When Products Become Participants
In his keynote this morning at Cloudforce DC, salesforce.com Chairman and CEO Marc Benioff launched the model of The Social Enterprise as today's necessary combination of technology and culture – not only for competitive companies, but also for mission-focused governments and nonprofits.
Both Marc and co-presenter Dan Burton, the company's Global Public Sector Senior VP, noted a progression that can only begin with a "secure, trusted, and private" social network such as Salesforce Chatter – building around that engine to construct a high-performance vehicle for success.
The Social Enterprise starts with the shift from document-centered to conversation-centered communication and collaboration. Instead of massive document collections, or isolated emails whose attachments are almost immediately out of date, the social enterprise attaches content to an update and its comment thread; that social model gives every participant immediate and consistent access to shared knowledge, current state and dynamic process.
Further, the social enterprise doesn't wait for someone to notice an event and start a conversation about it. Rather, it gives abstract actors (accounts, opportunities, trouble cases) the ability to generate an update and thereby start a conversation when a trigger event occurs. That's why it's essential for an enterprise social engine to have an organic application platform, like the relation between Chatter and Force.com, instead of requiring a costly and brittle integration of legacy code.
When you have that foundation in place, you can start the three-step journey to becoming a full-blown social enterprise.
- Private social network (e.g., Chatter): flatten your organization, create new collaborative ties across business units, and think of people in terms of the skills they contribute rather than the box where they sit in the office or the organization chart. Become responsive to events, rather than being bogged down in routine procedures.
- Partnering social (polysocial?) network: with your private social network as the newly energized brain, add well-managed links to external networks such as Twitter and Facebook as your extended nervous system. Build well-conditioned reflexes, using facilities like Tweet-to-Lead; use the Chatter API and Force.com to enable consistent real-time issue handling and organizational learning.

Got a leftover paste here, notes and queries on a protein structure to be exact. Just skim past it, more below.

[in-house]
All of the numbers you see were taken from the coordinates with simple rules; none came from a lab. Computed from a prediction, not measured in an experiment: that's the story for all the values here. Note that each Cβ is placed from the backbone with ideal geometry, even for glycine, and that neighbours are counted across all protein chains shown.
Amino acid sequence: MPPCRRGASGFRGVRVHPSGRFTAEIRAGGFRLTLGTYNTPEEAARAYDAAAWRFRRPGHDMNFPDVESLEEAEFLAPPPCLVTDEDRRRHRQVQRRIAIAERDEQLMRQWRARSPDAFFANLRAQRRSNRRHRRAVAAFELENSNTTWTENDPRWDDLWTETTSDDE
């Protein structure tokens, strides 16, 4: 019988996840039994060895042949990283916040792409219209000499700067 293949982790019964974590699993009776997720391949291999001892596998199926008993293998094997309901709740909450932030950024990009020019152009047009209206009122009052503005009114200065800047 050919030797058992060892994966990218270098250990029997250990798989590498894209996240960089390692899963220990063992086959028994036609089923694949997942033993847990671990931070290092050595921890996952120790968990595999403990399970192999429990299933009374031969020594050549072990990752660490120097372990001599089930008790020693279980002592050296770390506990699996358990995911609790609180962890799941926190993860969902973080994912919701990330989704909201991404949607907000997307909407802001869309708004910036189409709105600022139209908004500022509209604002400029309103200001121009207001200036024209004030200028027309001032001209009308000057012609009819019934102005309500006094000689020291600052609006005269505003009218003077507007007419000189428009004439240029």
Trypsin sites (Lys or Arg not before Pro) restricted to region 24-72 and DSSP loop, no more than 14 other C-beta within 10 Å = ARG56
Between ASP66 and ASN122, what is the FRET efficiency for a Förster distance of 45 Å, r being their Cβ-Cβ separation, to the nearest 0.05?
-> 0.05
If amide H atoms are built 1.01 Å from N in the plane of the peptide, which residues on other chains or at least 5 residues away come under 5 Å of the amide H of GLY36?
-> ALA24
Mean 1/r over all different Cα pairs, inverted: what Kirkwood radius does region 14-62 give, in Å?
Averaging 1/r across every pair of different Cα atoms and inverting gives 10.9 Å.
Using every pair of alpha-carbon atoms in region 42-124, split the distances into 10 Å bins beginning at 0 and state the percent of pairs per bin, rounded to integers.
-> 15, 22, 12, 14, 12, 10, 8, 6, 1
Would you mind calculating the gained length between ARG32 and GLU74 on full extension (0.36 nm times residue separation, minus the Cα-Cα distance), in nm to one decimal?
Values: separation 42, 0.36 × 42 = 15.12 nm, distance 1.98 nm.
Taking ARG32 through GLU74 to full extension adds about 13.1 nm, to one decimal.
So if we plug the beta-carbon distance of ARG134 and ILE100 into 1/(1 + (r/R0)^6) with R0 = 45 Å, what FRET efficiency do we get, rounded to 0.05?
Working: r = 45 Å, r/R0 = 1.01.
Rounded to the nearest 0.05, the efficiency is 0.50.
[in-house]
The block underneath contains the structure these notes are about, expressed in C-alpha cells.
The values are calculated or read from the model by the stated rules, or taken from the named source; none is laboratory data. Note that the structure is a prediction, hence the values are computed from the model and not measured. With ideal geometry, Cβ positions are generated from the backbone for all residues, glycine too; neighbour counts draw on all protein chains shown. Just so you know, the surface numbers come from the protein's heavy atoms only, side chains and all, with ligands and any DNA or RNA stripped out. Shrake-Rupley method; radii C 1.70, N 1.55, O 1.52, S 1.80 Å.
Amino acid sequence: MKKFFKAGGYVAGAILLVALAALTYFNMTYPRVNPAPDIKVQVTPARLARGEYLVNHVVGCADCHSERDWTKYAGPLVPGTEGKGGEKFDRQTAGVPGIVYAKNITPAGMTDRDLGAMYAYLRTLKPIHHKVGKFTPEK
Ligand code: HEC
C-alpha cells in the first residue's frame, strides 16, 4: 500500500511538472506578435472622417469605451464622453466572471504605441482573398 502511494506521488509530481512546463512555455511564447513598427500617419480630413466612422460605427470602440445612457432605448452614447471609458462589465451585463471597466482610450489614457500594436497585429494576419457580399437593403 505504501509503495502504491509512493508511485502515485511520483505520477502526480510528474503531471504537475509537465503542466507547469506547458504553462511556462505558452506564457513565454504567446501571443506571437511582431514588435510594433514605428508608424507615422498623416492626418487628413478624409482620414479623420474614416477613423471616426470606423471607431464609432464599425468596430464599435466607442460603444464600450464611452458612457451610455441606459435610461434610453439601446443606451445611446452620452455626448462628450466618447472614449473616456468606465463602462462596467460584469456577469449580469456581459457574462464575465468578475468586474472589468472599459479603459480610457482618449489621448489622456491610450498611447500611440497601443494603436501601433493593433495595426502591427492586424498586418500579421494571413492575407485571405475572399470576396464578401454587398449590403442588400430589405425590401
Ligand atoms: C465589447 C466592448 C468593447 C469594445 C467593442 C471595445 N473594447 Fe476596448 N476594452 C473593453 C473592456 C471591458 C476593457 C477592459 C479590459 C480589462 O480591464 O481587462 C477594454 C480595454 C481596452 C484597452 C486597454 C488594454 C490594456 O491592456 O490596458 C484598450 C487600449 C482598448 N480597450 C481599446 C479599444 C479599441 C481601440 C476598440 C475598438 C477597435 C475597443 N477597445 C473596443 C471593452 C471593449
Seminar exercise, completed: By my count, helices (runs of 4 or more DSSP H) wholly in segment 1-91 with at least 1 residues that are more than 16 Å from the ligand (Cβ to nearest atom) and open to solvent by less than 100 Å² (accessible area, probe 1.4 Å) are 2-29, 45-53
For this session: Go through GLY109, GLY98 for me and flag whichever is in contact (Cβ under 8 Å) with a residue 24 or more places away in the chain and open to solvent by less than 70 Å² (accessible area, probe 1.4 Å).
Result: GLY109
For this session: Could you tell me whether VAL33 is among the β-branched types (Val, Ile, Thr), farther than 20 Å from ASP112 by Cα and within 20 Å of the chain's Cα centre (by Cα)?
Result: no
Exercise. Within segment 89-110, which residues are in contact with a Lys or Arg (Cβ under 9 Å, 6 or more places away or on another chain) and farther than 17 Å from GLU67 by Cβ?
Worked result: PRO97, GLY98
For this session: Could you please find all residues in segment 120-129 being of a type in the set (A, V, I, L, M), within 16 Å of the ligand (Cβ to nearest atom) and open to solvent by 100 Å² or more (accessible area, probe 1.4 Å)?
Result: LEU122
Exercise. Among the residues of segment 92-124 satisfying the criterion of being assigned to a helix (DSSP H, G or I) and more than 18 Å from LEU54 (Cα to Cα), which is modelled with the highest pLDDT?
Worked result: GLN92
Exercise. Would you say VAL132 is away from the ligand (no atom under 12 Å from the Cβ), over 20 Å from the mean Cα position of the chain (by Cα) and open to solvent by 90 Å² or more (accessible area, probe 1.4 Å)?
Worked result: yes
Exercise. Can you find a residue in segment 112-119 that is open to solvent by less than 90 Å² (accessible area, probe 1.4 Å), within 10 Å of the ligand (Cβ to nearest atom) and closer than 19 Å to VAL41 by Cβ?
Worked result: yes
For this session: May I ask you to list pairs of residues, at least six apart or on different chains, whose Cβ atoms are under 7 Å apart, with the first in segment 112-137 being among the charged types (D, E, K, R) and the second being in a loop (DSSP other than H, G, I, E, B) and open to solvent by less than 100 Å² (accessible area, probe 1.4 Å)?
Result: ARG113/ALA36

- Product social network: stop thinking of your product as an object delivered, and think of it as a connection created that continues to yield new value during the product's entire lifetime. Look at initiatives like Toyota Friend, not as a template, but as an inspiration for questions like "how can our brand represent extraordinary value, to the point that the customer replacing one of our products would never have any reason to consider any other provider?"
Following the Cloudforce DC keynote, I was talking about these ideas with CRM consultant and ZDNet blogger Paul Greenberg when Paul made a key observation: that the 'Product Social Network' is not an entirely new idea, but that prior incarnations did not have the product itself as a participant. We both immediately thought of Eric von Hippel at MIT, whose book "Democratizing Innovation" is no easy read but offers key insights. In particular, von Hippel observes that innovation "goes rogue" when
- Products are open-source and/or highly configurable/customizable
- Some users have incentive to innovate
- Some innovators have incentive to share
- Diffusion of innovations is inexpensive
We can see this kind of innovation incentivization on the salesforce.com IdeaExchange, or on Dell's IdeaStorm or MyStarbucksIdea.com, or on the largest scale in the entire open-source community. We should also ask the question, though, proposed to me by Paul Greenberg in DC earlier today: what happens when the product itself jumps into the conversation?
As I thought about Paul's question during an afternoon flight to Phoenix, examples quickly came to mind.
- What happens when cars can share, with their owners' permission, information about today's drive times by different routes between two points?
- What happens when cameras can pool their geotag data to suggest the best viewpoints for photos in scenic places?
- What happens when electronic textbooks can collect reading histories to suggest which pages are getting the most attention – whether because they're especially useful, or because they need rewriting to make them clear?
Collecting raw data of this kind will be easy with cloud facilities, but doing useful things with that data is going to take real talent and diligent effort. Then again, it's almost the definition of enterprise technology that it raises the floor of what's easy, elevating the value that one must add to have something that people will buy.
In the land of the sharp stick, the man with a steel-bladed shovel is king, but once everyone has a shovel it takes an engine-driven earthmover to have a competitive advantage. There is, of course, a further consequence. As Norbert Wiener observed in 1948, "There is no rate of pay at which a United States pick-and-shovel laborer can live which is low enough to compete with the work of a steam shovel." The choice is not between the status quo and something else, but between two different versions of 'something else' – and only one of them attractive.
Becoming a social enterprise, in short, is soon to be a necessity for any business that wants to remain relevant in its marketplace; the cost-effective power, and the process acceleration, of the cloud and its connections will be vital aids to getting it done.
Licensed under Creative Commons Attribution-No Derivative Works 3.0.